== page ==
Friday, November 21, 2008

I'd like to buy the world a book

I recently joined a Facebook cause. I don't usually join Facebook causes because I can't see that they actually accomplish anything at all. The last one I was tempted to join was my friend Den's. It was the Put An End To Facebook Causes cause. But before I could join that one, I found a cause I said 'yes' to before I even had time to think about it. The cause is "Buy a Book Save the World."

The premise is that you promise to buy at least one book this - huh, holiday season, year? I can't remember when you're supposed to fulfill it. But I'm thinking those of us who join it have every intention of buying more than just one. The publishing industry is just one of the many out there hurting from the economy trouble, and this cause is our way of helping to keep it alive.

Above is a picture of how much I love books. When I joined the Literary Guild a few years ago, this is the stack of books that I ordered first and which came in the mail in one big, very happy box. That was the best day ever - having all those brand new books delivered to my house in one box. I spread them out and took a picture of them like they were my children's artwork.

And you know how your kids come home from school about every week with bookmarks from the library, with safety instructions, or even homemade? There are two kinds of paper I always save when it comes home from school. Anything with sentences the children made up all by themselves, like "My brither and I like football because we just have a thing about football", and those bookmarks. They get tucked into a pretty, round vase I got for my wedding, because you just never know when you'll need a bookmark. Especially since I'm usually reading more than one book at once.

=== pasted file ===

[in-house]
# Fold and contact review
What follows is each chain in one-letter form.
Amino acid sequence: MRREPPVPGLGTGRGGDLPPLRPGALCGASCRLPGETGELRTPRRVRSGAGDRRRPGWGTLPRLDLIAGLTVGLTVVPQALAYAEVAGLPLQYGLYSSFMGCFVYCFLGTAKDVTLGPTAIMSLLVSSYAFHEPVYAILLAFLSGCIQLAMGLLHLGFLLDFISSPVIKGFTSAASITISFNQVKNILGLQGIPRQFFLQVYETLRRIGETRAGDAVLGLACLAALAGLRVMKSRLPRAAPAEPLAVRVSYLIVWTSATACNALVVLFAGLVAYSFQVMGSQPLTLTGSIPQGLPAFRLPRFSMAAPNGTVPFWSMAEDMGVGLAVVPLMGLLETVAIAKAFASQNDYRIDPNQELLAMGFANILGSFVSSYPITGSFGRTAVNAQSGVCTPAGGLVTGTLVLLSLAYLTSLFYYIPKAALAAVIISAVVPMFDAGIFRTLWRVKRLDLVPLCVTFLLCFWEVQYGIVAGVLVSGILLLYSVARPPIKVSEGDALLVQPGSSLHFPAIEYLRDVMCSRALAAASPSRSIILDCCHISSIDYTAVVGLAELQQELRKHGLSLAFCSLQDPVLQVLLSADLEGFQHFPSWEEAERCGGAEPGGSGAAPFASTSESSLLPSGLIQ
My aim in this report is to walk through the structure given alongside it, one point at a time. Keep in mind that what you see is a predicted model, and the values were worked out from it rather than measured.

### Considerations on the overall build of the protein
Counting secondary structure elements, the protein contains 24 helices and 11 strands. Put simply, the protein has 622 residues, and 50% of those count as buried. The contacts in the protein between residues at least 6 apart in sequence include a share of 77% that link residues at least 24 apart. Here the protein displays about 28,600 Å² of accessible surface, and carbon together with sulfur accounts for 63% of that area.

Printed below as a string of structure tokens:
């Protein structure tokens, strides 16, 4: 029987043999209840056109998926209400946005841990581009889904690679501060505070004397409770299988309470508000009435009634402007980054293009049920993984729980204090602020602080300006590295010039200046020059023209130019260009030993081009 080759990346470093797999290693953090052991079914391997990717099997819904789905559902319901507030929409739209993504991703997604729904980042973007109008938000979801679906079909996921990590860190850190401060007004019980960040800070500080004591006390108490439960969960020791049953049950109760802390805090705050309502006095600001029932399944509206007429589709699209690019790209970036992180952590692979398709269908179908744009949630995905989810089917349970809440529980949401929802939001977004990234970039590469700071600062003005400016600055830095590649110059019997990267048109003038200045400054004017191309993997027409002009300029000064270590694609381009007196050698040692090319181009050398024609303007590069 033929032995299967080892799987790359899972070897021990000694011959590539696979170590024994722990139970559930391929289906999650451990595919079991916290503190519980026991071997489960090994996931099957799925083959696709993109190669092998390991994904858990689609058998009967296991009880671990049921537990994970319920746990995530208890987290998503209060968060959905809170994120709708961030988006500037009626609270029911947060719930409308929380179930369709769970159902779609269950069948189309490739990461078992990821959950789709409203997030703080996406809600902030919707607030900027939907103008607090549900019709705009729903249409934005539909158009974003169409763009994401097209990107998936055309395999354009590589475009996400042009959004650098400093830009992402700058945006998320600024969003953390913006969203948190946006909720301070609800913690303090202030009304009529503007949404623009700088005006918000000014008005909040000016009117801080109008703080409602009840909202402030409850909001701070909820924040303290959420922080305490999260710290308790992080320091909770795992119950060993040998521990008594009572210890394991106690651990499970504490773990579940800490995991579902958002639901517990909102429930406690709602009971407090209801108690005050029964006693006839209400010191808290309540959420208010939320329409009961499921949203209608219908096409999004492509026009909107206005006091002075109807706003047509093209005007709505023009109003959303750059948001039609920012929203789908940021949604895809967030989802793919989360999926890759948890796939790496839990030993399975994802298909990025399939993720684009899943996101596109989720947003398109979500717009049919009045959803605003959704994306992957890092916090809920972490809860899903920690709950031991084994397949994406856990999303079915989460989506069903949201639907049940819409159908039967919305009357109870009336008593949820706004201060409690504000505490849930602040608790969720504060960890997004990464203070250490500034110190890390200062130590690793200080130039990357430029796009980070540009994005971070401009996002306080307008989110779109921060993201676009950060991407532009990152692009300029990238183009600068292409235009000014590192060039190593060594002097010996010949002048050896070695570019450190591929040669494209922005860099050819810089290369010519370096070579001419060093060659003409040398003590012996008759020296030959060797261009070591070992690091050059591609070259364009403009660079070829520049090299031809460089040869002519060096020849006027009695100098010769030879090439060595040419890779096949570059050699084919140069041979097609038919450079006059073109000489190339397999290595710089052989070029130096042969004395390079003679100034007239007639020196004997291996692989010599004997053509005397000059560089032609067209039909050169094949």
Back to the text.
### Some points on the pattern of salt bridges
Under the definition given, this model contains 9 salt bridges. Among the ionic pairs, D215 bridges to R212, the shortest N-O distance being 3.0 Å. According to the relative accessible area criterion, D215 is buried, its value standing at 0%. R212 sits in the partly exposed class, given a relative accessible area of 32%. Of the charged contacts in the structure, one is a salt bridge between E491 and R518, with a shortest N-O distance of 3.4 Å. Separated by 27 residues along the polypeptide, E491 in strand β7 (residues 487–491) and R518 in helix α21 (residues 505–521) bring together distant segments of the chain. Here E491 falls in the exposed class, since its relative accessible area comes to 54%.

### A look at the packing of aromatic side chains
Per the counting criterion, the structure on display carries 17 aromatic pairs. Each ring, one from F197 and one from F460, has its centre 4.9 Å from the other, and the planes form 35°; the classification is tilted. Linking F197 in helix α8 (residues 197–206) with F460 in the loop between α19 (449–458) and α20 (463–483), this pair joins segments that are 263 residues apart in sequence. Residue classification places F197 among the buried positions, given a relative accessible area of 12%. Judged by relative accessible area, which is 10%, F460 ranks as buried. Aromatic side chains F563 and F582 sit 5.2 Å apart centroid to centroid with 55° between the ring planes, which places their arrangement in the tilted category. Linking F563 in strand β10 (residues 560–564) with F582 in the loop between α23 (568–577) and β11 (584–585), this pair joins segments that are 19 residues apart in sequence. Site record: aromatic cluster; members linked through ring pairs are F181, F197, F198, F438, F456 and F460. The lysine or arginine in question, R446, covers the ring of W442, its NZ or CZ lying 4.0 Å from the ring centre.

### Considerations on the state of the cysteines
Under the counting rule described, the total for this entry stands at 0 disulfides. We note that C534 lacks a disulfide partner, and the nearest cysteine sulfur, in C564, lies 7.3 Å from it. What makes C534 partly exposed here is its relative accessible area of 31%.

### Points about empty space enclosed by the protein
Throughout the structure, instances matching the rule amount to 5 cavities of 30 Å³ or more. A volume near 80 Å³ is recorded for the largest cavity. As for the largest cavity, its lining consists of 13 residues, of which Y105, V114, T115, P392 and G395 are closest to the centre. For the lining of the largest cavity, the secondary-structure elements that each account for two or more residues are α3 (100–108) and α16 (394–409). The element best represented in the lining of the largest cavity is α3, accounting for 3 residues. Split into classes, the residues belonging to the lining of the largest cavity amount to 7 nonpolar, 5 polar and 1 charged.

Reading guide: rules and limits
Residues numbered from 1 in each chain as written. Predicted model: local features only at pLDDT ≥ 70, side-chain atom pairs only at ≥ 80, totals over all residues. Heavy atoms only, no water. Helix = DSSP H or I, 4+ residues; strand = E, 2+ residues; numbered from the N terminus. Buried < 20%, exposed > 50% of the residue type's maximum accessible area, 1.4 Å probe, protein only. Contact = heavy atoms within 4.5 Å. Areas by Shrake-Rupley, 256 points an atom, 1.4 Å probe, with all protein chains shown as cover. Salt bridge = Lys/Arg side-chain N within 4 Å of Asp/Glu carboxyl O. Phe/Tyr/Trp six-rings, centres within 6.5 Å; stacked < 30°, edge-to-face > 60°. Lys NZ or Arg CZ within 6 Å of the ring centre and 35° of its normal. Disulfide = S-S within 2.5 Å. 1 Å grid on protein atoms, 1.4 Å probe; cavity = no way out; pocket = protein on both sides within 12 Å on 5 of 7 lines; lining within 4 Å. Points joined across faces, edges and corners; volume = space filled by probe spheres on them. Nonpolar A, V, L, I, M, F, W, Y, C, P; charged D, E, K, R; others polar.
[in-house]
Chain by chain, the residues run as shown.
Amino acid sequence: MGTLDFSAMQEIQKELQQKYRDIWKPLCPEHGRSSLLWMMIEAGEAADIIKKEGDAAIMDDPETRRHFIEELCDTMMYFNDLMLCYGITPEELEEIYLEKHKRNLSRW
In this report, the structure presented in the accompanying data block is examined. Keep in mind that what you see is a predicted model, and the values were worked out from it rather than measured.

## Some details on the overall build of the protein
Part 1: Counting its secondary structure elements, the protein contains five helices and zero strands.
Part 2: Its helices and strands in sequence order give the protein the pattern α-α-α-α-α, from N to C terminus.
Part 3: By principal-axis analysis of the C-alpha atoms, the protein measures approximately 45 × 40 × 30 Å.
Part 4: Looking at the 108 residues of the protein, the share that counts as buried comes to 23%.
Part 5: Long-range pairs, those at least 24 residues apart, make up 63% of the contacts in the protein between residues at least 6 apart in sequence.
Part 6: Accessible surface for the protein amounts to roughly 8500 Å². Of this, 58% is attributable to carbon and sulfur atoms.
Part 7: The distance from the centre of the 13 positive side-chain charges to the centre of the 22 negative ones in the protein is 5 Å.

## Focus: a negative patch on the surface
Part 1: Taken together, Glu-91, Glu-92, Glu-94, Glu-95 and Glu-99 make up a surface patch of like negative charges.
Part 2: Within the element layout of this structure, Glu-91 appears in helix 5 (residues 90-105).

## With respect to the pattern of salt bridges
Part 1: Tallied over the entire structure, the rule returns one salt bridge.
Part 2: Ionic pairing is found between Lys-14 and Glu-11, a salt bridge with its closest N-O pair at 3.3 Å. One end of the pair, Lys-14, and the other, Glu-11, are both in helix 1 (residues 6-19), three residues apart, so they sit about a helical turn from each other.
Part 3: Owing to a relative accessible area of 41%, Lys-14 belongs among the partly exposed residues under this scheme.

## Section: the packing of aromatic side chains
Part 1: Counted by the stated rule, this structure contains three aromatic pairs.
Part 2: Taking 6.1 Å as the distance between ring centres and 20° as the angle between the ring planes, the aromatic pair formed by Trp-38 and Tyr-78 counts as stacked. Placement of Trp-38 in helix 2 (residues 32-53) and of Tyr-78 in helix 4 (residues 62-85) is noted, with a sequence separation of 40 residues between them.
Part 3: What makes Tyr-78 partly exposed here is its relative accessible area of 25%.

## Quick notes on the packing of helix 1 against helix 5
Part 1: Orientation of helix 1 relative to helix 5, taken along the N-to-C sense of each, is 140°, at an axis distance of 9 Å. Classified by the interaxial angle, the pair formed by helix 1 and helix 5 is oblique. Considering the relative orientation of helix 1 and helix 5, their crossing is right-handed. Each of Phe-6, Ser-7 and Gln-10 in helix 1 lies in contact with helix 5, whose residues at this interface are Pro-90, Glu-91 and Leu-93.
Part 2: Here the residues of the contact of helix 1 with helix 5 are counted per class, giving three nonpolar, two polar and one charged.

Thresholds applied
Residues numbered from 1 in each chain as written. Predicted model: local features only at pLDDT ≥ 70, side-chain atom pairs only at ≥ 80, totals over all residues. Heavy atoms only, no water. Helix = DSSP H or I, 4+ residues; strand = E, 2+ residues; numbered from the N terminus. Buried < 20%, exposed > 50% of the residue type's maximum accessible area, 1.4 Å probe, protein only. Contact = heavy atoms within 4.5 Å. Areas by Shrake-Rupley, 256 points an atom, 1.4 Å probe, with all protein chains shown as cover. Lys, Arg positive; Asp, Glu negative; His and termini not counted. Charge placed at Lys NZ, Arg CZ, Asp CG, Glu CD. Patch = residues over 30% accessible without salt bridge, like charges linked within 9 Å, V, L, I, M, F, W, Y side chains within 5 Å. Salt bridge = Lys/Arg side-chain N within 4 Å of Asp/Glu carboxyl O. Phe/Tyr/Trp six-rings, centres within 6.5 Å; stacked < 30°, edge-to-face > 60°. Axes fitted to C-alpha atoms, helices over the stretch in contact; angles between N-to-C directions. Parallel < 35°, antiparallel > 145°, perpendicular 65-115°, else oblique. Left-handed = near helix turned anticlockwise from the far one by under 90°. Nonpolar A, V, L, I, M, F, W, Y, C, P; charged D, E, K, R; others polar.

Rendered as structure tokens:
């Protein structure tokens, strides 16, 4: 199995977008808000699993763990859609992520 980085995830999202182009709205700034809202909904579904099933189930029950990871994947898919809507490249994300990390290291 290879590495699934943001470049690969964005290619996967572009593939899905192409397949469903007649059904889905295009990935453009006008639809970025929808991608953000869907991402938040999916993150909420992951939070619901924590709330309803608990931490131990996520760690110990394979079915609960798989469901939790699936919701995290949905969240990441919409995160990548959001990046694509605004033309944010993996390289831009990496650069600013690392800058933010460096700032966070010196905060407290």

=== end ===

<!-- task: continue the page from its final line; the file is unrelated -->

The boys have two book shelves in their room - the one for paperbacks and early readers and cartoon characters like Spongebob, and the one they can't reach by themsevles with fairytales and hardbacks and Winnie the Pooh collector's edition and any others that I can't bear to find orange marker throughout or ripped-off corners or gum. I really like books.